The effect of illumination on the formation of metal halide perovskite films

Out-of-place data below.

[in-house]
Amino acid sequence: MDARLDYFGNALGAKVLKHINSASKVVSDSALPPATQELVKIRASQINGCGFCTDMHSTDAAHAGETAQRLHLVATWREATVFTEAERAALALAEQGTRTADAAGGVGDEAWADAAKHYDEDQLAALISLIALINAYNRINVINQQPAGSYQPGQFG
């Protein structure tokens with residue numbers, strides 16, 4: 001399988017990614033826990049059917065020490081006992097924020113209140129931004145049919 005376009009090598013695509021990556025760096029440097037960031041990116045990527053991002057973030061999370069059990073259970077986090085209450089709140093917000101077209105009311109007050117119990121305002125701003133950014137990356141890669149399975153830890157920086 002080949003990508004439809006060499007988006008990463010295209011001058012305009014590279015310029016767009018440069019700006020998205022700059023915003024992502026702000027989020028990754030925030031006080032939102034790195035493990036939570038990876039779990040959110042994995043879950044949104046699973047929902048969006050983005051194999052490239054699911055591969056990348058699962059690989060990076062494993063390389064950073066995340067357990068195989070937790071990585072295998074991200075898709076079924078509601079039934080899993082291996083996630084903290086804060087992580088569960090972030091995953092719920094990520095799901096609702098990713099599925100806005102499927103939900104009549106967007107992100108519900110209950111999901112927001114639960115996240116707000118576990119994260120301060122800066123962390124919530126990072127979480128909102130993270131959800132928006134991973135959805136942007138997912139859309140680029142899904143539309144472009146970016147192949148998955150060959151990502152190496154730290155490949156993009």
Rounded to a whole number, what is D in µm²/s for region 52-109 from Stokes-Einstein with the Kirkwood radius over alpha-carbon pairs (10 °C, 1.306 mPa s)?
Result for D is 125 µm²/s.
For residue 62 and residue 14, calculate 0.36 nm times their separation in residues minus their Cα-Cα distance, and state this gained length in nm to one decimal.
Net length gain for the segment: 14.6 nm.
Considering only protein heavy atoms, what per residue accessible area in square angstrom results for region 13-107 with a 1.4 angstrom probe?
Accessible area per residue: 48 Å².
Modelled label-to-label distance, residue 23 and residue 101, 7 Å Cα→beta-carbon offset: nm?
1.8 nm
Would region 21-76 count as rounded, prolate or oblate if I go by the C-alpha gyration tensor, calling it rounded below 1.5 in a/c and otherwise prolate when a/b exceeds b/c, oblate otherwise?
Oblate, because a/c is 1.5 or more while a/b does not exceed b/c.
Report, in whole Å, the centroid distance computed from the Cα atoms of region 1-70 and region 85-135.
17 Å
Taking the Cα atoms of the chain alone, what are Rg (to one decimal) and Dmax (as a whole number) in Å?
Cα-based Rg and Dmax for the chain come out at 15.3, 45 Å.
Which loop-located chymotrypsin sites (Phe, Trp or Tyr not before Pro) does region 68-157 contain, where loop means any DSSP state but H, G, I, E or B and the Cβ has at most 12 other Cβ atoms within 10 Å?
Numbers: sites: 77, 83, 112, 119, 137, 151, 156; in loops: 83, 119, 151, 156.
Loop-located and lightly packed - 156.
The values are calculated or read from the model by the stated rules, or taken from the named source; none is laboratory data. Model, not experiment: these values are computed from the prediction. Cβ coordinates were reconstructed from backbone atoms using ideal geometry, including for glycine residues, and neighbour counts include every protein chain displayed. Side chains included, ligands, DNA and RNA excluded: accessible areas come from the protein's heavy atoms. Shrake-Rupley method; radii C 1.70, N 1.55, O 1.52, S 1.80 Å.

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Optimizing the morphology of metal halide perovskite films is an important way to improve the performance of solar cells1when these materials are used as light harvesters2, because film homogeneity is correlated with photovoltaic performance3. Many device architectures and processing techniques have been explored with the aim of achieving high-performance devices4, including single-step deposition5, sequential deposition6,7and anti-solvent methods1,8. Earlier studies have looked at the influence of reaction conditions on film quality3, such as the concentration of the reactants9,10and the reaction temperature11. However, the precise mechanism of the reaction and the main factors that govern it are poorly understood. The consequent lack of control is the main reason for the large variability observed in perovskite morphology and the related solar-cell performance2,3. Here we show that light has a strong influence on the rate of perovskite formation and on film morphology in both of the main deposition methods currently used: sequential deposition and the anti-solvent method. We study the reaction of a metal halide (lead iodide) with an organic compound (methylammonium iodide) using confocal laser scanning fluorescence microscopy and scanning electron microscopy. The lead iodide crystallizes before the intercalation of methylammonium iodide commences, producing the methylammonium lead iodide perovskite. We find that the formation of perovskite via such a sequential deposition is much accelerated by light. The influence of light on morphology is reflected in a doubling of solar-cell efficiency. Conversely, using the anti-solvent method to form methyl ammonium lead iodide perovskite in a single step from the same starting materials, we find that the best photovoltaic performance is obtained when films are produced in the dark. The discovery of light-activated crystallization not only identifies a previously unknown source of variability in opto-electronic properties, but also opens up new ways of tuning morphology and structuring perovskites for various applications.

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